Author Picture

Clifford Roberts

I started writing in the Army, submitting poems and short stories to Reader's Digest and other magazines. I later attended Farmingdale University, Bluefield State College, and USI Computer School. Shortly, I joined Newsday as a manager. I later became a Real Estate Investor and home restoration specialist. I now write full time and play piano for R&R.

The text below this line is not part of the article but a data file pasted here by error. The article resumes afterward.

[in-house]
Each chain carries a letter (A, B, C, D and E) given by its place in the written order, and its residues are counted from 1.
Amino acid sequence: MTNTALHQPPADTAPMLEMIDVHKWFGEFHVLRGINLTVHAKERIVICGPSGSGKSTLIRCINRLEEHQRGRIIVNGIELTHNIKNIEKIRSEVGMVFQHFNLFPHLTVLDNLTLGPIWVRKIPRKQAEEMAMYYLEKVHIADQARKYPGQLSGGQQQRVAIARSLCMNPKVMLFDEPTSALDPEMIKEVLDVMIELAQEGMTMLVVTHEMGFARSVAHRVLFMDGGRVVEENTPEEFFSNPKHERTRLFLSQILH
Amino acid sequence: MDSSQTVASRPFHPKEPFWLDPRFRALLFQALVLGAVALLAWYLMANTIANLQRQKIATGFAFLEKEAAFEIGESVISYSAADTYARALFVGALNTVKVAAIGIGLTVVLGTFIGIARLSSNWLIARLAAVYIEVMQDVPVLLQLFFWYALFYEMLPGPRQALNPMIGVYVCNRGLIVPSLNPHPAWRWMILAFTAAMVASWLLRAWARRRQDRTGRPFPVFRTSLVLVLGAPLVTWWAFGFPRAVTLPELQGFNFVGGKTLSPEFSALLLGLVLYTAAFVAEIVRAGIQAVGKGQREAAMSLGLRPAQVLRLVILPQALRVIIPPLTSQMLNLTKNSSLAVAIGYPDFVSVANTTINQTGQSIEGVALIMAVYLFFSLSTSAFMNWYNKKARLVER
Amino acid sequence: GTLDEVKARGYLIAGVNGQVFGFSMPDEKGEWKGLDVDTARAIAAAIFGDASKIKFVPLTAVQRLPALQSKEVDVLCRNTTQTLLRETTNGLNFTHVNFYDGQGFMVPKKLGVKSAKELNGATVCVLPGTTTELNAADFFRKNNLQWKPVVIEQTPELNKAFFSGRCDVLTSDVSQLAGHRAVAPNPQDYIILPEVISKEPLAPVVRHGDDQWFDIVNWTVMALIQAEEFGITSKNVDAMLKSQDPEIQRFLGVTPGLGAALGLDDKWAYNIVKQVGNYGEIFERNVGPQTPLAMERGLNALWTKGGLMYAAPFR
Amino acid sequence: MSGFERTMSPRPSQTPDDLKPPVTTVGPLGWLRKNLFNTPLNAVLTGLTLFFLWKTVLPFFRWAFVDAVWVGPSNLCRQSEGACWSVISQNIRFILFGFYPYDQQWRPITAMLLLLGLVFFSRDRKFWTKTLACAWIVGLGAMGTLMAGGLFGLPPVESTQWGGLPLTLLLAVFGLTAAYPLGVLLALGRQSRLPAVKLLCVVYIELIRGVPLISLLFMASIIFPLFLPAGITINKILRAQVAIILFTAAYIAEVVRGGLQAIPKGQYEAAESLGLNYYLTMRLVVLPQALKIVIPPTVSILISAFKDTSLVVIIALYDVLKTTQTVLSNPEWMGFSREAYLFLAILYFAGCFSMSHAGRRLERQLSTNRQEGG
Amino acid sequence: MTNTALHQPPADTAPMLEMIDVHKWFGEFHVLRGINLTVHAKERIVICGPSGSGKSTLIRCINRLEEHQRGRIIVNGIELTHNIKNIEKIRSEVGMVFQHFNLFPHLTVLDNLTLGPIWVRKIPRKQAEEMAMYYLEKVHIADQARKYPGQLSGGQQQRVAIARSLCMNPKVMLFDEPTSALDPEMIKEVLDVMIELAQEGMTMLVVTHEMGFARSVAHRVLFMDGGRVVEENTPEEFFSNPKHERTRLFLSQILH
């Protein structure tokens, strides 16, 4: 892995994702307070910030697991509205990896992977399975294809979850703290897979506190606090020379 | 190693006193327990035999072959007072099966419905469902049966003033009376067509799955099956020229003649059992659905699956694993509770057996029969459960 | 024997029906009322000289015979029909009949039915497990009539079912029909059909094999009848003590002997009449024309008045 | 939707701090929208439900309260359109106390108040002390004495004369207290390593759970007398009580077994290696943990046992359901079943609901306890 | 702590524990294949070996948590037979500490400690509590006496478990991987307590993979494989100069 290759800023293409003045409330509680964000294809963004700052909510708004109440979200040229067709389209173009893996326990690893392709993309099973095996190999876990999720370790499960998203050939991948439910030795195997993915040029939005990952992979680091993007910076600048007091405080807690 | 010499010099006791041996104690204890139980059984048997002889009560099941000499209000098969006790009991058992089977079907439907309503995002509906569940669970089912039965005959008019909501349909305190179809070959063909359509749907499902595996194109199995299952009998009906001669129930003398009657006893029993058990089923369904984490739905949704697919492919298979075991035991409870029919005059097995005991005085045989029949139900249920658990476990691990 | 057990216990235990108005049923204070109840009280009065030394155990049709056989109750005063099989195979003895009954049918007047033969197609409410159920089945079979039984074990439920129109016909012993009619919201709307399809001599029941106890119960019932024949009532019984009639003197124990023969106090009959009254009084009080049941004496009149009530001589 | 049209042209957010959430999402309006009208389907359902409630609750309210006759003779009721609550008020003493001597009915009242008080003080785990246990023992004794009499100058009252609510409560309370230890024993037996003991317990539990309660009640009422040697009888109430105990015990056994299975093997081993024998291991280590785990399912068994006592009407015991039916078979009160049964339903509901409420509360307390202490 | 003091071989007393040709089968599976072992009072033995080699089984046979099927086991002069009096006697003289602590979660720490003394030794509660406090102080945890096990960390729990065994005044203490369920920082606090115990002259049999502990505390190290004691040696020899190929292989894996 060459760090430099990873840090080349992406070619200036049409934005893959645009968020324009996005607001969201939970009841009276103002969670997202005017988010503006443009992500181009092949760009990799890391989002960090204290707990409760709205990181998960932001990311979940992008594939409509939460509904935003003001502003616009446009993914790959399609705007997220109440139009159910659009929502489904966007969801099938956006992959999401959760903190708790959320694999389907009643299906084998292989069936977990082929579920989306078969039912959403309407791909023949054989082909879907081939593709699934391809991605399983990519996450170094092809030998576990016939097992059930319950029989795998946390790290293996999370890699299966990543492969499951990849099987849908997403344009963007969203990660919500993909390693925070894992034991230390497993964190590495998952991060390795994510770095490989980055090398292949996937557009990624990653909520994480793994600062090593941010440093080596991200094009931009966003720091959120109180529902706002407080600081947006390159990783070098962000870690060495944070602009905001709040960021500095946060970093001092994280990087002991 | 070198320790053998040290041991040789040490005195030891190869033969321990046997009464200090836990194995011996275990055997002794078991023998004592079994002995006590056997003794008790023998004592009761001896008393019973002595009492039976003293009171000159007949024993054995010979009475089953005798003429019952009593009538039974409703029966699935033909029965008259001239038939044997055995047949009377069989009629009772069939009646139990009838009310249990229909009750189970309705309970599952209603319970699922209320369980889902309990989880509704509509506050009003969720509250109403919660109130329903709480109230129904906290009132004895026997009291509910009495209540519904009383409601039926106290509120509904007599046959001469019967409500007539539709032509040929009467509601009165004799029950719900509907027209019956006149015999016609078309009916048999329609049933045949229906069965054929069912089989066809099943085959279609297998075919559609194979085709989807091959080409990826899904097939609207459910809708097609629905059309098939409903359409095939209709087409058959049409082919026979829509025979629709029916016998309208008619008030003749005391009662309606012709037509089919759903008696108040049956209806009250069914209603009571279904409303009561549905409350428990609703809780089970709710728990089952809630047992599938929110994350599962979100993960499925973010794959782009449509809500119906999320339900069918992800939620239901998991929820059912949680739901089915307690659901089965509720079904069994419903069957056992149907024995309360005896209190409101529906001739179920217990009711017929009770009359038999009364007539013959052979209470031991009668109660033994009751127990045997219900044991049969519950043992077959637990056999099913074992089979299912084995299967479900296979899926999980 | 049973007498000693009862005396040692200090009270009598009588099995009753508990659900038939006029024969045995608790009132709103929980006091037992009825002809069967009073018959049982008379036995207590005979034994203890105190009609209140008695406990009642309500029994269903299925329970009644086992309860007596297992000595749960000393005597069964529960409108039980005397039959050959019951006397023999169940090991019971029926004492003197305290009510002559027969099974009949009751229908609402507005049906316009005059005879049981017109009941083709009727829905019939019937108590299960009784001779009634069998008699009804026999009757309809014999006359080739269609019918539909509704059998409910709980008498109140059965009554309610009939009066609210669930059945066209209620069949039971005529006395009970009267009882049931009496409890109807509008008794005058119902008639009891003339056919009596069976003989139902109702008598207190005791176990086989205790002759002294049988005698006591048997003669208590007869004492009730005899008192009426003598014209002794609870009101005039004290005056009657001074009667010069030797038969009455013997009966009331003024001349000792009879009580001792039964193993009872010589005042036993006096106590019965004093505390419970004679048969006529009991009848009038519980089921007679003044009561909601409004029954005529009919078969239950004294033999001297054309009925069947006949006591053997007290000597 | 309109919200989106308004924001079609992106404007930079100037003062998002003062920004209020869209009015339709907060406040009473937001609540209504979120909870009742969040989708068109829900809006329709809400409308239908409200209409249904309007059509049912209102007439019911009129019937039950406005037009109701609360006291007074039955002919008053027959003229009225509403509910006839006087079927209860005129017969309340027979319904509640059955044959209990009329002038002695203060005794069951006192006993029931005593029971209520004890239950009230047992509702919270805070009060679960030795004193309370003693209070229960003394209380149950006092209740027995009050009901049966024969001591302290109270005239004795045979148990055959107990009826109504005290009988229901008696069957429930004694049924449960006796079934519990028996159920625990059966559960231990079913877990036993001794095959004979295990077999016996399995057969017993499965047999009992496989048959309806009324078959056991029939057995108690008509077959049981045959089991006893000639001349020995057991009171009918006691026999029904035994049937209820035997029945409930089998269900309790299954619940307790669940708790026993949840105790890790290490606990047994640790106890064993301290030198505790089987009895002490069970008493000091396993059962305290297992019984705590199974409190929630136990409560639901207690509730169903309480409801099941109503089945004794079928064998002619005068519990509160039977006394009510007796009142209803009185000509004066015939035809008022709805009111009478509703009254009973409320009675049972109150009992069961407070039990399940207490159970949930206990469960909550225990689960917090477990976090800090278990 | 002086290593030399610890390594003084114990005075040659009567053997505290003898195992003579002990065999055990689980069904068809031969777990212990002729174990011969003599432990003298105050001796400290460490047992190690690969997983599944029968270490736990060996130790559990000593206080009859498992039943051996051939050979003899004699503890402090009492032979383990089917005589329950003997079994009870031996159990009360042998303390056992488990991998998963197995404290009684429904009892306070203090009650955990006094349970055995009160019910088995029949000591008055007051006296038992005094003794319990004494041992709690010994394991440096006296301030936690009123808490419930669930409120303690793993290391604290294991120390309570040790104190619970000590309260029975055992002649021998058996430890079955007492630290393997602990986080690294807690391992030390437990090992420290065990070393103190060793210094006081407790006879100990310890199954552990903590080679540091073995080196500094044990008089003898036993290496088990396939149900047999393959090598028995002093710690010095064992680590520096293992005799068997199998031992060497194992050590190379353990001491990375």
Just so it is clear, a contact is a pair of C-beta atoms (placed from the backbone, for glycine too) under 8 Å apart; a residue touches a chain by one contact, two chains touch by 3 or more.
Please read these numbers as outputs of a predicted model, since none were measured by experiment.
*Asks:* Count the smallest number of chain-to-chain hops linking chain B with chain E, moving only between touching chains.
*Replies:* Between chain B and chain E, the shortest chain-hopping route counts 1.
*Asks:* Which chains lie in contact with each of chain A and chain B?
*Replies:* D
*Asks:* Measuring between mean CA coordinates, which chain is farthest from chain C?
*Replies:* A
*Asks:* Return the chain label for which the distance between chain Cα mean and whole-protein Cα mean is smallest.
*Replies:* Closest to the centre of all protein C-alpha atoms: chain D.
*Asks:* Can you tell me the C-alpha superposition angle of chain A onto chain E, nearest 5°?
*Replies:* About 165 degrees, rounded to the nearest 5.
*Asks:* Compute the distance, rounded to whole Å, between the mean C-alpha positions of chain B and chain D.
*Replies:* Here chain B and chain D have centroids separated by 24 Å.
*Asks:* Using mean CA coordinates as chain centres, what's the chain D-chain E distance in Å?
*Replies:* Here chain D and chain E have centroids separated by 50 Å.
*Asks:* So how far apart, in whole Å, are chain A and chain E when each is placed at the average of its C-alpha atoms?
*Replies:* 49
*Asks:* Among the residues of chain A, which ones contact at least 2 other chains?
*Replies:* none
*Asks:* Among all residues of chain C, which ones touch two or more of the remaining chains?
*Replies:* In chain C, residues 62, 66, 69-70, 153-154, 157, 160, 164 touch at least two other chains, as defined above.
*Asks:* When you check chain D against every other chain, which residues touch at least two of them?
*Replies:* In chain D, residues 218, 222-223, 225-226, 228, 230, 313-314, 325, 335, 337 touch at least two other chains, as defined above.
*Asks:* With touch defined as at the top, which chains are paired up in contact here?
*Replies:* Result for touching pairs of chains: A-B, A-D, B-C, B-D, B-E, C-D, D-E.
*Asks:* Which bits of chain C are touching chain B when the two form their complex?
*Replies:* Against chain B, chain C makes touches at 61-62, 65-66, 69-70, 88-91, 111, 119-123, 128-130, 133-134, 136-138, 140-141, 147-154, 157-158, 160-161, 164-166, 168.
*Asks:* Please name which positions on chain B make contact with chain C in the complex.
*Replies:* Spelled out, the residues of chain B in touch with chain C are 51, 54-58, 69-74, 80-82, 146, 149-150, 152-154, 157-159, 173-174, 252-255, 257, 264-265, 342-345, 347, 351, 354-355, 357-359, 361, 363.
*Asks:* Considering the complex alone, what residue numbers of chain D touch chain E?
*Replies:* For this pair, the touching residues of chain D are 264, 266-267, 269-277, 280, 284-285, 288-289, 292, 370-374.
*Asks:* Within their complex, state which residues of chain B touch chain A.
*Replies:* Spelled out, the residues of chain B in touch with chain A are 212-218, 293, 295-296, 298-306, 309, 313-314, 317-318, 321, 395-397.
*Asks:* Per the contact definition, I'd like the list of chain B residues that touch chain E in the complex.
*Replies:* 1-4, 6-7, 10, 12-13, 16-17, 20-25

I love to talk...sensibly that is. I love to dance. I love to joke. I love to learn. Crossword puzzles cross me up. Frustration frustrates me. I like spending time by myself. I love pepper. I love making New Year's resolutions. I love bringing Halloween to bright-eyed kids. My ideal job would be writing a thriller screen play. Popeye is my favorite kids' book. I can appreciate witty people. Whiners can take a powder. I like people who talk a lot. I have better friends than I deserve. Liking my life is a pick me up. In fact, if there's such a thing as reincarnation, I'm coming back as God ... only visible. I'm happy to be a writer. It's my main passion and my bread and butter. I write for my dad. Anyone can read my books, but my target audience is peoples who cannot read nor write, because my father could not read nor write...just with an X mark. After each book I publish, I kiss the book, then hold it up and say aloud, "Here's another one for you 'Pop,' another one for you." Mostly I write fiction, but I also have a few non-fiction titles. My first book "Run Lee Run," was published in 2000 which is based on my father's harsh life. I now have 12 published titles and another coming out in the fall. I once lived in a shack. My father nailed the front door at night, the only door, to keep us safe from harm. To go the bathroom, I had to use an outhouse which stunk like HELL in summer time. In my room I could see the snowy trees through the holes in the walls. I studied by an oil lamp. Bed sheets separated the rooms in the shack. The place was heated by a black cast iron stove. When I breathed, I could see a white mist. Every day at lunch time, while the kids ate their school lunch, I ate a peanut and butter sandwich until my father was killed by his best friend for protecting a female next door neighbor, then the principal gave me free lunch which made me ashamed each time I went to the cashier. I had to say my name. I would say it softly to keep my friends from finding out how poor I was. I went out for sports so I could shower each school day. I even picked potatoes to help my father and mother with food and bills. I was so poor, I had patches on my school clothes. Until I went to the Salvation Army and bought a lot of suits and altered them and wore them to school. I had the kids fooled. They thought I was wearing new clothes. That made me so proud that I had to laugh. Later in life, I took to drinking heavily which dominated most of my life until my friends started dropping dead from over-drinking. I just flat out quit smoking and drinking. I say all this because, like my father, there is no shame in my game.